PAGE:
A functioning demand-planning process is a key enabler for supply chain organisations, and getting the process right is fundamental to improving demand-planning effectiveness, according to Gartner, Inc. Gartner analysts have identified some best practices to help supply chain leaders improve their overall demand-planning processes to deliver against business goals.
To better understand the state of demand planning, Gartner surveyed 240 respondents during the fourth quarter of 2011 in Brazil, China, Europe and the US, spanning seven industries: consumer products, aerospace and defence, healthcare, consumer electronics, chemical, apparel, and footwear.
The survey found that the primary influences on demand variation were increased customer requirements followed by new product launch and the state of the economy. Fifty-seven per cent of respondents also said that erosion in profitability had the greatest effect on their organisations.
"It is critical that organisations develop the right demand-planning process to improve effectiveness," said Steven Steutermann, research vice president at Gartner. "Without a functioning process, obtaining a consensus-driven demand plan will prove extremely challenging."
"Organisations are struggling to find the process that fully utilises the alignment of organisation resources," said Mr Steutermann. "The balance between bottom-up collaborative approaches versus top-down statistical modelling is challenging, and the ability to understand baseline volumes from promotional volumes — as well as mix and shift within portfolios — is an equally daunting task."
Gartner has identified a number of best practices to help supply chain leaders improve their overall demand-planning processes. You can also view Gartner's demand-driven maturity model on Flickr at /bit.ly/NuQwVs.
Finding 1. Defining the balance between statistical modelling and collaborative forecasting improves accountability for the forecast, and enables continuous improvement across the organisation
Companies can benefit from clearly defining the balance between statistical modelling and collaborative forecasting methods to improve accountability for the forecast and put in place continuous improvement plans to improve the forecast. When asked what the challenges are when improving demand planning, respondents indicated the "lack of accountability for the accuracy of the forecast" and "lack of communications between commercial and demand planning" as the two biggest.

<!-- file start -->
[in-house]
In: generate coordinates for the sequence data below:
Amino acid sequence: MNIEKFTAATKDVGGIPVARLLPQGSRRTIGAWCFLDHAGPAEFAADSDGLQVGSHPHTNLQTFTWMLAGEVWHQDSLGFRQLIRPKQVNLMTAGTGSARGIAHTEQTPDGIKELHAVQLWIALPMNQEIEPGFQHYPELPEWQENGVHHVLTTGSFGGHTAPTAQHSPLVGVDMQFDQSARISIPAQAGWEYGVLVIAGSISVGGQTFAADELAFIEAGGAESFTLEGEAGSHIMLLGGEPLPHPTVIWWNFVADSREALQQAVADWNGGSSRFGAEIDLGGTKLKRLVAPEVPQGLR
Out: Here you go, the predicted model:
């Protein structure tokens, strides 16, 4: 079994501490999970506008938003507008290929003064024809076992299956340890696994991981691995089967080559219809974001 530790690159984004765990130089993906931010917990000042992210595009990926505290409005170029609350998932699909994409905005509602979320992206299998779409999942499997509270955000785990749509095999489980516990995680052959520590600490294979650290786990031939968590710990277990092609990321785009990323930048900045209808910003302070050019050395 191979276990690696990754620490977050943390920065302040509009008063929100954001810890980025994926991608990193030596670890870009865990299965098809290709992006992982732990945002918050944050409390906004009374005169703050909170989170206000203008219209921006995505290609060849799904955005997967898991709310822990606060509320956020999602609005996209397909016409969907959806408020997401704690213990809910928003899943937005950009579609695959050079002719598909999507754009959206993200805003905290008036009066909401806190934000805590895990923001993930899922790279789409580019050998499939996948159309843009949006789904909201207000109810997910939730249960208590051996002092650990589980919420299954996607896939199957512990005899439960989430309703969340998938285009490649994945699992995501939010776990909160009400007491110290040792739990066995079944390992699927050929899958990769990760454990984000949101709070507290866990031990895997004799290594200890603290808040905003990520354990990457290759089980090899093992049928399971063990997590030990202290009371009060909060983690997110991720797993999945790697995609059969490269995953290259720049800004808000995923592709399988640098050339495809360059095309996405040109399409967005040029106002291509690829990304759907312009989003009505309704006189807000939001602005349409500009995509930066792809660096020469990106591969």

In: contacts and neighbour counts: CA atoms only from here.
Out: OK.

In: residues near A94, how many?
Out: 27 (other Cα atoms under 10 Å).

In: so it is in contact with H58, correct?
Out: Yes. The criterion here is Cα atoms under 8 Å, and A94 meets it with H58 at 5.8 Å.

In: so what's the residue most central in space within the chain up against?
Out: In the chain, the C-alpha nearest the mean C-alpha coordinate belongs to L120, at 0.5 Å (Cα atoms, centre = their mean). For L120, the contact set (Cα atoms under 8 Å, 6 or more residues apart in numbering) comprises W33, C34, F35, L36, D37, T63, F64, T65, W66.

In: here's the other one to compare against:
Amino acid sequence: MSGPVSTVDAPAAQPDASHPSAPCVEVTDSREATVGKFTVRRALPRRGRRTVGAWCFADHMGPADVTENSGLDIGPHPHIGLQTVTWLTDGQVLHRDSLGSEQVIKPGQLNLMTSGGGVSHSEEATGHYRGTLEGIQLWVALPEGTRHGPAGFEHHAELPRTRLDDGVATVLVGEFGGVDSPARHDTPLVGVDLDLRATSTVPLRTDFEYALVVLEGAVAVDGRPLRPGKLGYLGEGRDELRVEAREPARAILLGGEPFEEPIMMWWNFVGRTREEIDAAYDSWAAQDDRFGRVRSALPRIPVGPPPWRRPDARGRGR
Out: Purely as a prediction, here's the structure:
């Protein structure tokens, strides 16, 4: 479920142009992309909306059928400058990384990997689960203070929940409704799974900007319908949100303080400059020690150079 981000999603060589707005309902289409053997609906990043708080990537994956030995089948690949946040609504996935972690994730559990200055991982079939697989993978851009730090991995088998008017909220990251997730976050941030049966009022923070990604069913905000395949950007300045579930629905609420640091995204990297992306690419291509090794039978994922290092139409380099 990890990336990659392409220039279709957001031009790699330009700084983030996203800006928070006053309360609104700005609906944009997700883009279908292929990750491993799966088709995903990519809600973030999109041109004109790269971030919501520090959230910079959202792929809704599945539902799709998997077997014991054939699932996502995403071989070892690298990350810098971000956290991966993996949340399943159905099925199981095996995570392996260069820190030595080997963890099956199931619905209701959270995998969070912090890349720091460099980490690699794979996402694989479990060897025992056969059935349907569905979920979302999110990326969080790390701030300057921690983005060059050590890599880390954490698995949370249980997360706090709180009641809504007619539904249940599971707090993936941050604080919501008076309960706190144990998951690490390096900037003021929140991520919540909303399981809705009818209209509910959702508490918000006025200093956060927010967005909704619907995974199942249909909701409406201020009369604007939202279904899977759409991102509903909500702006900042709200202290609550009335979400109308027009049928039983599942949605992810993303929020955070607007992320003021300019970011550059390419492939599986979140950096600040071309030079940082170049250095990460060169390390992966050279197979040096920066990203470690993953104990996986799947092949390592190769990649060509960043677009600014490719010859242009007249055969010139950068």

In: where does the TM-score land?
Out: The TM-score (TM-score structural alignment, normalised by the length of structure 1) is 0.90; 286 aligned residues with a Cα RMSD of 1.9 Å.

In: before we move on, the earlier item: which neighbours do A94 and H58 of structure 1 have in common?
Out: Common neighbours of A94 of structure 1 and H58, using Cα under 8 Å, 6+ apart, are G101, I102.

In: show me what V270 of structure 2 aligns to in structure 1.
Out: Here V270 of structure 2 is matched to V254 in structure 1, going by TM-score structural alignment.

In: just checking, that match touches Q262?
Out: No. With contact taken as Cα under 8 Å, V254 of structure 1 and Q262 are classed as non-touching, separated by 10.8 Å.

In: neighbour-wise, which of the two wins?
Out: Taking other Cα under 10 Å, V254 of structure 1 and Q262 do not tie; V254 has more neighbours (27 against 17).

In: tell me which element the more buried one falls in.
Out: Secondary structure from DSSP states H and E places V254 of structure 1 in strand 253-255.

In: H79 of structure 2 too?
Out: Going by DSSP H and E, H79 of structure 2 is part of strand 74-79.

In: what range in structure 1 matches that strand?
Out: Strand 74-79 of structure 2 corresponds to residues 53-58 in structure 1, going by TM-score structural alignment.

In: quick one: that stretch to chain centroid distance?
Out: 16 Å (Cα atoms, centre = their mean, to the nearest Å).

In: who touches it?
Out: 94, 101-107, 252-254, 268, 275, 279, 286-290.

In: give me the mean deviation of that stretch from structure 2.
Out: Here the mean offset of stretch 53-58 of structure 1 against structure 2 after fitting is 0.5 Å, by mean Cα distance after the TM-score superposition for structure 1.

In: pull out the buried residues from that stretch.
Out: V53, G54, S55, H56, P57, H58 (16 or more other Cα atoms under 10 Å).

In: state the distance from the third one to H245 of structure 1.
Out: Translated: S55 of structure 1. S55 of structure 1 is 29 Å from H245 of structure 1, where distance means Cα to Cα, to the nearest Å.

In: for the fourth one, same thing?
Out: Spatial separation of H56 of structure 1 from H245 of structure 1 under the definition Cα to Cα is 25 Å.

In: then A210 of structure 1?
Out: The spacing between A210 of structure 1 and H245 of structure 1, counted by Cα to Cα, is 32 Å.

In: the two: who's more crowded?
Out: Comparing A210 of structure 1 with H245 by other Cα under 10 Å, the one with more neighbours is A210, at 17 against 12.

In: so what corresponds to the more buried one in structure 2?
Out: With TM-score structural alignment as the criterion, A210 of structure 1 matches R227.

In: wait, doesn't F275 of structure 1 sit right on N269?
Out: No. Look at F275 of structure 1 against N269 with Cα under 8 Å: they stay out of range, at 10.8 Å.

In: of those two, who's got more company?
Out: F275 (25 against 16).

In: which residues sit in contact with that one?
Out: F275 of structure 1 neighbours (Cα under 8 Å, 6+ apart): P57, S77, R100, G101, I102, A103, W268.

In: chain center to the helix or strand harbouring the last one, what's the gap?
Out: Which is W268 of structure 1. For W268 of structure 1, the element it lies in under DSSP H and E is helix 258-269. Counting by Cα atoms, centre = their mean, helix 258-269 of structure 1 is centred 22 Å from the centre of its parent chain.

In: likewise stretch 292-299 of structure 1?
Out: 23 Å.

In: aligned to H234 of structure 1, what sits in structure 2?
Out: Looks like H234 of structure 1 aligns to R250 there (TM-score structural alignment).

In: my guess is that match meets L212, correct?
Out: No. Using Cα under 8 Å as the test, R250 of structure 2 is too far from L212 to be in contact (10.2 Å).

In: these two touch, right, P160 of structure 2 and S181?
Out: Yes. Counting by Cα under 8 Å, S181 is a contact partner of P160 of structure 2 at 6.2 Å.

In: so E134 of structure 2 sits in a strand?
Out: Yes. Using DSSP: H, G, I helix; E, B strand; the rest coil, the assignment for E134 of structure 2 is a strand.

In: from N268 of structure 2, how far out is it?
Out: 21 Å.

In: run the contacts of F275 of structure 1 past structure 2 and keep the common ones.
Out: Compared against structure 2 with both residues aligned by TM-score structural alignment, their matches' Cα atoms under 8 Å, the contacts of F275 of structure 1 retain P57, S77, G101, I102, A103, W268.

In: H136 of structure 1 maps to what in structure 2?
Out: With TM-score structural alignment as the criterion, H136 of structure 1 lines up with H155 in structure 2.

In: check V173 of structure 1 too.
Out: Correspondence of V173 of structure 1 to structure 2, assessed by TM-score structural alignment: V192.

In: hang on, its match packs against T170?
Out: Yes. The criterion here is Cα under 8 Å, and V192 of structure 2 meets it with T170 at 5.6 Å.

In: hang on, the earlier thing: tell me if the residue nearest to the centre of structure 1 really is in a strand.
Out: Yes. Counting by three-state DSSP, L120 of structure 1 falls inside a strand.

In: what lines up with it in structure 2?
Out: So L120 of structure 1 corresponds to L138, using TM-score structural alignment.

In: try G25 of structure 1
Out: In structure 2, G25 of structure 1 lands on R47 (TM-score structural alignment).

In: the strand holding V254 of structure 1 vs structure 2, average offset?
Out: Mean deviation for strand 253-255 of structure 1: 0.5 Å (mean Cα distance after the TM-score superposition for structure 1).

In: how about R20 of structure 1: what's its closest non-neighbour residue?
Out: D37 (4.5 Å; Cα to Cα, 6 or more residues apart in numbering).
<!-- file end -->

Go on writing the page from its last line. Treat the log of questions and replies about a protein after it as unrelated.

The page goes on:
"Determine the best method, or methods, to optimise forecast accuracy," Mr Steutermann said. "The company should be able to address what items should be statistically modelled, what items are reliant on a collaborative process, or both. The demand-planning organisation should play a central role in identifying accountabilities across the organisation."
Finding 2. Companies that utilise demand sensing* and shaping** capabilities realise higher forecast accuracy
Gartner research found that those companies that utilise demand sensing and shaping as part of their demand-planning processes significantly improve their forecast accuracy.
"To fully realise the benefits of demand sensing and shaping, organisations must first mature their demand-planning processes," Mr Steutermann said. "A rigorous process and discipline must be supported by organisational balance, metrics, sponsorship, ownership and accountability. Organisations must recognise that the demand plan is not a sales or marketing forecast, nor is it a budget. It is a process by which organisations determine the most profitable mix of items that could be sold, balanced by constraints and demand risks."
Finding 3. Demand-planning process best practices include measurement, planning hierarchies and new product launch forecasting
Despite the focus on customer collaboration and customer inputs, only 17 per cent of respondents indicated that they forecast at the stock keeping unit (SKU), location and customer planning level. Given that a primary driver of demand volatility is increased customer requirements, Gartner analysts found it surprising that companies do not measure demand error down to the customer level as a means to better understand the sources of error — so that process and accountabilities can be improved. They also said that new product launch forecasting is overly reliant on sales and marketing for demand inputs. Opportunities exist to remove forecast bias by utilising attribute modelling techniques and solutions that use similar product introductions to understand consumer/customer trial and repeat, as well as volume-build assumptions, to improve the forecast.
"Organisations should measure forecast accuracy at the item, location and customer level for forecast error understanding," Mr Steutermann said. "Customer or sales forecast accuracy should be measured for continuous improvement and accountability. The appropriate place to measure for continuous improvement is in the sales and operations planning (S&OP) review process."
Additional information is available in the report: "Building an Effective Demand-Planning Process," which is available on Gartner's web site at http://www.gartner.com/resId=2085615
Mr Steutermann will examine the state of demand management across industries at the Gartner Supply Chain Executive Conference 2012, taking place from 17 to 18 September in London.